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  • Environmentalists Say They're Averting Climate Disaster. Conservatives Say It's Terrorism.

Michael Foster, 53, is a mild-mannered mental health counselor and father of two from Seattle, with short-cropped silver hair and soft features.

But in a North Dakota court last October, prosecutors painted Foster as a ruthless killer and agent of chaos. The prosecution team compared him to the 9/11 hijackers who killed 2,996 people in the worst terror attack in history, and warned that he envisioned an anarchic future under Islamic religious law. Prosecutors even put him in a league with Ted Kaczynski, the so-called Unabomber whose 17-year bombing spree left three dead and injured 23.

Foster hadn't killed anyone. He didn't even injure anyone when, on Oct. 11, 2016, he put on a white hard hat and neon-yellow safety vest, grabbed some bolt cutters, and clipped the chain locking a fenced section of the Keystone Pipeline in Walhalla, North Dakota. Once inside the fence, Foster cranked a giant wheel-like valve until it closed, temporarily stopping the flow of tar sands oil.

Then came the legal crackdown.

These are some of the events trending for week ending February 23, 2018

  • How About A 'Climate Change National Park'?

To save jobs and homes numbering in the many thousands, the Regional Plan Association's Forth Plan recommends turning 21,000 acres of the New Jersey Meadowlands into "Climate Change National Park." The idea hasn't sees as much coverage as some of the other aspects of the long-anticipated plan, but that changed this week with an article for Curbed New York by Karrie Jacobs.

  • Countries Made Only Modest Climate-Change Promises In Paris. They're Falling Short Anyway.

Barely two years ago, after weeks of intense bargaining in Paris, leaders from 195 countries announced a global agreement that once had seemed impossible. For the first time, the nations of the world would band together to reduce humanity's reliance on fossil fuels in an effort to hold off the most devastating effects of climate change.

  • How The Inuit And Sir John Franklin's Lost Crew Could Unriddle Arctic WarmingConsidering It

By consulting Inuit oral history and the evidence surrounding the doomed voyage of an English explorer, scientist may at last understand the Arctic's capricious warming cycles.

Even in the dead of winter, the Arctic wind can be as kind as it is cruel. One moment, it's an icy fist trying to squeeze the final breath from your lungs. The next, it's a giving hand that sustains life.

  • Hares No Longer Turning White During Winter Due To Impact Of Climate Change

Animals may be losing their ability to display adaptive camouflage because of changing environmental conditions. Snowshoe hares, ermines, caribou and arctic foxes all change color from darker to lighter colours during winter, in order to blend into snow-covered landscapes. With warmer winters come less snow, and it is thought the hares have adjusted their survival techniques in areas that have warmed faster than others.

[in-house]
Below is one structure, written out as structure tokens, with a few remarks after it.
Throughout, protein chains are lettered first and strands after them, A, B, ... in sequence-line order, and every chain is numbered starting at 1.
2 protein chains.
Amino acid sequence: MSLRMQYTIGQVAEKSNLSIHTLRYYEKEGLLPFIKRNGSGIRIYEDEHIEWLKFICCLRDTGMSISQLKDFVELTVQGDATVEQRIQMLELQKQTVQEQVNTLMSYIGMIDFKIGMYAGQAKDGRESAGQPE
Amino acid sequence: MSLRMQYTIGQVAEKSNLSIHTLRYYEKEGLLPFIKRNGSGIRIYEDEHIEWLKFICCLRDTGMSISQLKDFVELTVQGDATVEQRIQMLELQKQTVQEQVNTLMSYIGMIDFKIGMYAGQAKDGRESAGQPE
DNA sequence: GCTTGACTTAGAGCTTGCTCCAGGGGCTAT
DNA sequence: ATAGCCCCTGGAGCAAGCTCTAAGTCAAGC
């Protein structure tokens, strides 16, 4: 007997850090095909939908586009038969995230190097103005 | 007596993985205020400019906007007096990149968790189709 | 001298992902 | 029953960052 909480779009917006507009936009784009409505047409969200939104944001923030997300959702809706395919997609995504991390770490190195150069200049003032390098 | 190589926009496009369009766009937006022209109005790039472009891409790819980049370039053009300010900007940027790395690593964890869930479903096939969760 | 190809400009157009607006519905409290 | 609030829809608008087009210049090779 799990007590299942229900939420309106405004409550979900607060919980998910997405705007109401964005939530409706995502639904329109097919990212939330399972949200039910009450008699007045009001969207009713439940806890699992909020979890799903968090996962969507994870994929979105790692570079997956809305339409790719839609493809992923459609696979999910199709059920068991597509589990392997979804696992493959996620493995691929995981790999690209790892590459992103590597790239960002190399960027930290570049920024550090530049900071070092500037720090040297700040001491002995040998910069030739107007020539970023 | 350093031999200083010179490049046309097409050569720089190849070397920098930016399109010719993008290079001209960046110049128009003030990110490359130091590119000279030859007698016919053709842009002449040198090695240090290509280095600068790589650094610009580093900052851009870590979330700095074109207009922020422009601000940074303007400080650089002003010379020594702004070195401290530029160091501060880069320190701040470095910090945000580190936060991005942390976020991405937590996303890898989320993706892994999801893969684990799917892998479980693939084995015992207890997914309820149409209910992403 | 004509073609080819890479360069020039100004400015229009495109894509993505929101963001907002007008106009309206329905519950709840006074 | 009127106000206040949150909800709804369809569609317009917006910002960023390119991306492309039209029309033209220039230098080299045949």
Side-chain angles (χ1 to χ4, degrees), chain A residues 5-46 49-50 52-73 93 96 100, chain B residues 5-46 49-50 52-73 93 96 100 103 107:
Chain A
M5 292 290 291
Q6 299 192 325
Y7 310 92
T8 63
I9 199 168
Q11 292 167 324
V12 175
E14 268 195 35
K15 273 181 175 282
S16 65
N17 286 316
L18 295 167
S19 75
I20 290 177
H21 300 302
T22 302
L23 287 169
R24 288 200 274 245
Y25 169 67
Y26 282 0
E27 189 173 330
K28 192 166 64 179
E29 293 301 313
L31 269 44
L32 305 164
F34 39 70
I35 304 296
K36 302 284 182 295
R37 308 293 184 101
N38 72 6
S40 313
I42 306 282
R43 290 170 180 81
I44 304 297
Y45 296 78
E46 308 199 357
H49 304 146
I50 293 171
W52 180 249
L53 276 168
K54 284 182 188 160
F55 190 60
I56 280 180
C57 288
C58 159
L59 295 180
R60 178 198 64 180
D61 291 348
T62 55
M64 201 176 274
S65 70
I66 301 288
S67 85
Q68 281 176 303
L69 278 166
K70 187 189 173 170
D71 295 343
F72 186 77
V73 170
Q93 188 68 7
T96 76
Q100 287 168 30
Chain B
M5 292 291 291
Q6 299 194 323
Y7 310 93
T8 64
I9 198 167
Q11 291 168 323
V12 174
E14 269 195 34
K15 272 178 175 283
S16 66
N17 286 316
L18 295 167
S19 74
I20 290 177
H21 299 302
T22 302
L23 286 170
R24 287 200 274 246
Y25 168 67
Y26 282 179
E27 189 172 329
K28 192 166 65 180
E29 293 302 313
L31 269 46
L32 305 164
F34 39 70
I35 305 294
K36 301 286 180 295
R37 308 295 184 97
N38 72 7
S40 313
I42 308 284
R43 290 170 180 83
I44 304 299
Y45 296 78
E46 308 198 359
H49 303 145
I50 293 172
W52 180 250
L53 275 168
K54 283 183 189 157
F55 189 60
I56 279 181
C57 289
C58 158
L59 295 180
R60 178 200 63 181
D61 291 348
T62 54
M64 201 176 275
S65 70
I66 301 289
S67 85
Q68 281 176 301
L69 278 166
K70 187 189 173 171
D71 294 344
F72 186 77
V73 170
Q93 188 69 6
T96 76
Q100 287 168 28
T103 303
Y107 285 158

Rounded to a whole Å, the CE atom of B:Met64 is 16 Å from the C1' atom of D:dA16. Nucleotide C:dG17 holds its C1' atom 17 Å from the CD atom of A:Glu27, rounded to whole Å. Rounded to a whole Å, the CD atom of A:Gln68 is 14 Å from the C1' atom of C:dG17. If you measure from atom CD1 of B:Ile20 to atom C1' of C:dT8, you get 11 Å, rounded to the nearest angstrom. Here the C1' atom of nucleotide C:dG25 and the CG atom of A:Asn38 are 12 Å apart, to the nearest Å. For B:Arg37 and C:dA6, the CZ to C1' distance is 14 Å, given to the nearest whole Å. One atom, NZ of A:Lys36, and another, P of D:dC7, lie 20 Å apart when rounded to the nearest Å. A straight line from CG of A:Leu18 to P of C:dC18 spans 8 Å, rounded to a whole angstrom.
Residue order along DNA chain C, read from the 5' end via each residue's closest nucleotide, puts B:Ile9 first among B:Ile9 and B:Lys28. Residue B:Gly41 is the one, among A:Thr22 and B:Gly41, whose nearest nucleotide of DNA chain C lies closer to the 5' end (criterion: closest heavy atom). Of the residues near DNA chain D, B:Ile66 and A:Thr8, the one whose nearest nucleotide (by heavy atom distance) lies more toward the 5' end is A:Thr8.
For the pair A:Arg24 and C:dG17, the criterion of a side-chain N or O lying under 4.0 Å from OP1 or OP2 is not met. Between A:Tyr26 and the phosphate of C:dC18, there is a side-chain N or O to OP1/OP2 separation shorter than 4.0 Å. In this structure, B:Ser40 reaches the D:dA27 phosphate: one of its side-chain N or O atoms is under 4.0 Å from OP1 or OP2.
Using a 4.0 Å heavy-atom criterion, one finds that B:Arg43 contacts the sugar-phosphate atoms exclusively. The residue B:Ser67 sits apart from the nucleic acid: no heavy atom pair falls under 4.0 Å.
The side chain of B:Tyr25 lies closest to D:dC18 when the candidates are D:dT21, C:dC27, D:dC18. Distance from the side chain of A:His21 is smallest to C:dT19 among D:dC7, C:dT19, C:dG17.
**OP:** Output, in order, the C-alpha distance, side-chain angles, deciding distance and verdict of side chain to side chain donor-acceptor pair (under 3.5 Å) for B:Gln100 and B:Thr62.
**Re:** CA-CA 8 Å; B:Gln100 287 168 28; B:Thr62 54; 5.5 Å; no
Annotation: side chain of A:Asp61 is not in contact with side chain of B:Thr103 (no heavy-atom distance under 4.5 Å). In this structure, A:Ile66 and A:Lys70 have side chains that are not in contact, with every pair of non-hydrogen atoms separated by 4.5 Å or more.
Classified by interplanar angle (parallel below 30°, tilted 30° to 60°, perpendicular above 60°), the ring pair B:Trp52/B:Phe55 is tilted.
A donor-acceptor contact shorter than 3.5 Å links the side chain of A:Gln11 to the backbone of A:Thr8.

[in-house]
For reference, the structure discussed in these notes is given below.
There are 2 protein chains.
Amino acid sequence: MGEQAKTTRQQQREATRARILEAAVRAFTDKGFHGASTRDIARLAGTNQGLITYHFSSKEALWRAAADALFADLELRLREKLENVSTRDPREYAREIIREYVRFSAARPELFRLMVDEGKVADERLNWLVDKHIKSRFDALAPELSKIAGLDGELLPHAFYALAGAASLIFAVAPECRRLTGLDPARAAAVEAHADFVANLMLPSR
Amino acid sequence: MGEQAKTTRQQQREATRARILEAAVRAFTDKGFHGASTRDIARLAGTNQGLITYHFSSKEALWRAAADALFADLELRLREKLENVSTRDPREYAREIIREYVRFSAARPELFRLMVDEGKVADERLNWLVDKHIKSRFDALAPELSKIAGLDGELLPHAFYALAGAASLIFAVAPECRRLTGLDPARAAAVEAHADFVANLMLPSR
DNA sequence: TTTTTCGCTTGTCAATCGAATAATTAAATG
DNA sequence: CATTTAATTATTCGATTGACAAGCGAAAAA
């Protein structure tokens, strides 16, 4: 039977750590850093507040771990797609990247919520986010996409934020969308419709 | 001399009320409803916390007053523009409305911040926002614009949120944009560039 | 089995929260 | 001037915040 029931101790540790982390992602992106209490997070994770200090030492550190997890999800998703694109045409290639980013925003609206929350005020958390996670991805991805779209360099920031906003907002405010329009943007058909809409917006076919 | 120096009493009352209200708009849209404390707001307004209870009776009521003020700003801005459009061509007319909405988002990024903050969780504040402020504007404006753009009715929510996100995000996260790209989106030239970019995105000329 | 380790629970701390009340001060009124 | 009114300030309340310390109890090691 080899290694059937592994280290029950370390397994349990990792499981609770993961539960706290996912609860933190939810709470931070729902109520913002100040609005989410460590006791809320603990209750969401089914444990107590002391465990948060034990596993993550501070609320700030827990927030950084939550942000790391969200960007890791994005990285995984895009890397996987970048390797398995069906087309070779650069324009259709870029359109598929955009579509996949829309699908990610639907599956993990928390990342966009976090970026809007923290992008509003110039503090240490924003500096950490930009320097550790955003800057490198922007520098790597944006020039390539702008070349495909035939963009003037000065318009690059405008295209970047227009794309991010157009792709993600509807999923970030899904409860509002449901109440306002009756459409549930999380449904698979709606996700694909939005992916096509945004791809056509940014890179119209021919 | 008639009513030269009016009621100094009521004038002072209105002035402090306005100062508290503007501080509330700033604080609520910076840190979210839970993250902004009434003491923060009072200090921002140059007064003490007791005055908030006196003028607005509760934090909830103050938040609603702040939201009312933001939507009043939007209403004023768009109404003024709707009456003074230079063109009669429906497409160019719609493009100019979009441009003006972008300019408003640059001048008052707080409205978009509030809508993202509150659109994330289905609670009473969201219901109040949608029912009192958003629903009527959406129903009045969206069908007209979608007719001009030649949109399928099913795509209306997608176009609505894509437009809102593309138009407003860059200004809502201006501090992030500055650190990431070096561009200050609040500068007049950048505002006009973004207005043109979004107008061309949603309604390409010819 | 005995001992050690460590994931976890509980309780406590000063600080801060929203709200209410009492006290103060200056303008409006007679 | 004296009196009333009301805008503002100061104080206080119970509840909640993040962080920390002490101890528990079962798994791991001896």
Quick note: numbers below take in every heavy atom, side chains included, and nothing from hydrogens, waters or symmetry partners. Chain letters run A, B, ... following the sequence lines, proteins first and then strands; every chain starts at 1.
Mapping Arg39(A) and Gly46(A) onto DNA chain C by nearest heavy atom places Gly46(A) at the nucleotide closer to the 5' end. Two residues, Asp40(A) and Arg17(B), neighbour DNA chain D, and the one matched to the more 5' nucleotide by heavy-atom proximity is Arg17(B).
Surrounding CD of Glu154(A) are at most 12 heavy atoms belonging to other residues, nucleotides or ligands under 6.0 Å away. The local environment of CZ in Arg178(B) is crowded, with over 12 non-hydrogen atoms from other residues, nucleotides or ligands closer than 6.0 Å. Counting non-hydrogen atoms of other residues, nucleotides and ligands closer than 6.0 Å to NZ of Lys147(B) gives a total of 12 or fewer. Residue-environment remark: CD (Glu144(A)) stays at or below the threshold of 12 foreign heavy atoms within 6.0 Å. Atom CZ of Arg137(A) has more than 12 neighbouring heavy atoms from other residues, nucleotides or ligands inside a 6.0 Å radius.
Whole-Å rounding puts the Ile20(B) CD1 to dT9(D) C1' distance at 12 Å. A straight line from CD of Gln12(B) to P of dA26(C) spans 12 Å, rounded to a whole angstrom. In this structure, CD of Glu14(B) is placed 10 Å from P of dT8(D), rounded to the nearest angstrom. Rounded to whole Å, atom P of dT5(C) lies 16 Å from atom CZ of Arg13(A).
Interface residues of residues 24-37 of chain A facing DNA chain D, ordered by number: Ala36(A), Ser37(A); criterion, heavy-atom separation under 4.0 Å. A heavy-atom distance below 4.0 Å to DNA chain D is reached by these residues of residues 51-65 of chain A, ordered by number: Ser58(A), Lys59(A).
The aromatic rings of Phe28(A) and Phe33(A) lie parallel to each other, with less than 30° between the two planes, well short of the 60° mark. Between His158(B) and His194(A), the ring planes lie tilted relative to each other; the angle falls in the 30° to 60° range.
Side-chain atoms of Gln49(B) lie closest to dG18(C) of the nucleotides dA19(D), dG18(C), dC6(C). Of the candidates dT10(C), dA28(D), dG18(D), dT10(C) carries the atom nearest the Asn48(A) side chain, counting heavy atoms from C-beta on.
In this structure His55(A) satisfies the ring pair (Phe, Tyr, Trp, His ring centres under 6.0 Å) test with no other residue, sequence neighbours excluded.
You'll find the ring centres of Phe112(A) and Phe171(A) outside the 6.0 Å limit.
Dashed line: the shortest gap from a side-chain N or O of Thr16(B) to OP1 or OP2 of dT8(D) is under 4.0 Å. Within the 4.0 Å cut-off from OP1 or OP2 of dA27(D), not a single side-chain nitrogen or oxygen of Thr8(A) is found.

• Norway Has Perfected Plastic Recycling, Here's What The UK Can Learn From Them

One thing's for sure: if the Scandis do anything really well, it's sustainable living. And Norway's plastic recycling scheme is no exception. The incentivised deposit system for recyclable plastic uses 'reverse vending machines' as collection points for used plastic containers, which are then taken to specialised recycling areas. These machines have been in place since 1972.

  • Zayd Menk Made A Mathematically-Sound Scale Model Of Midtown Manhattan Out Of Hot Glue

This is what midtown Manhattan at the .0635 : 100 scale looks like. the meticulous construction of this 165 X 80 cm model took zimbabwe-based artist, zayd menk, 3 months of spare-time-googling and repetitive-calculating, sawing and gluing. in all, it took 263 hot glue sticks, 11 CPUs, an unprecedented number of wikipedia searches, 27 motherboards, 10 CRT monitor motherboards, 15 batteries, 2 clocks, 4 watches, 3 hard drives, 3 graphics cards, 4 audio cards, 7 power supplies, 13 floppy disk readers, a lot of maths, much patience, 'a few other bits and pieces' - and yes, before you ask, the empire state building does light up via 4 micro LEDs.

Video Of The Week

Re-thinking Progress: The Circular Economy

Newsbriefs is the weekly newsletter of the NJGA.  It covers topics of intents that have a direct impact on our environment and on our lives.  It also alerts our members and friends of upcoming meeting events, as well as seminars and webinars.

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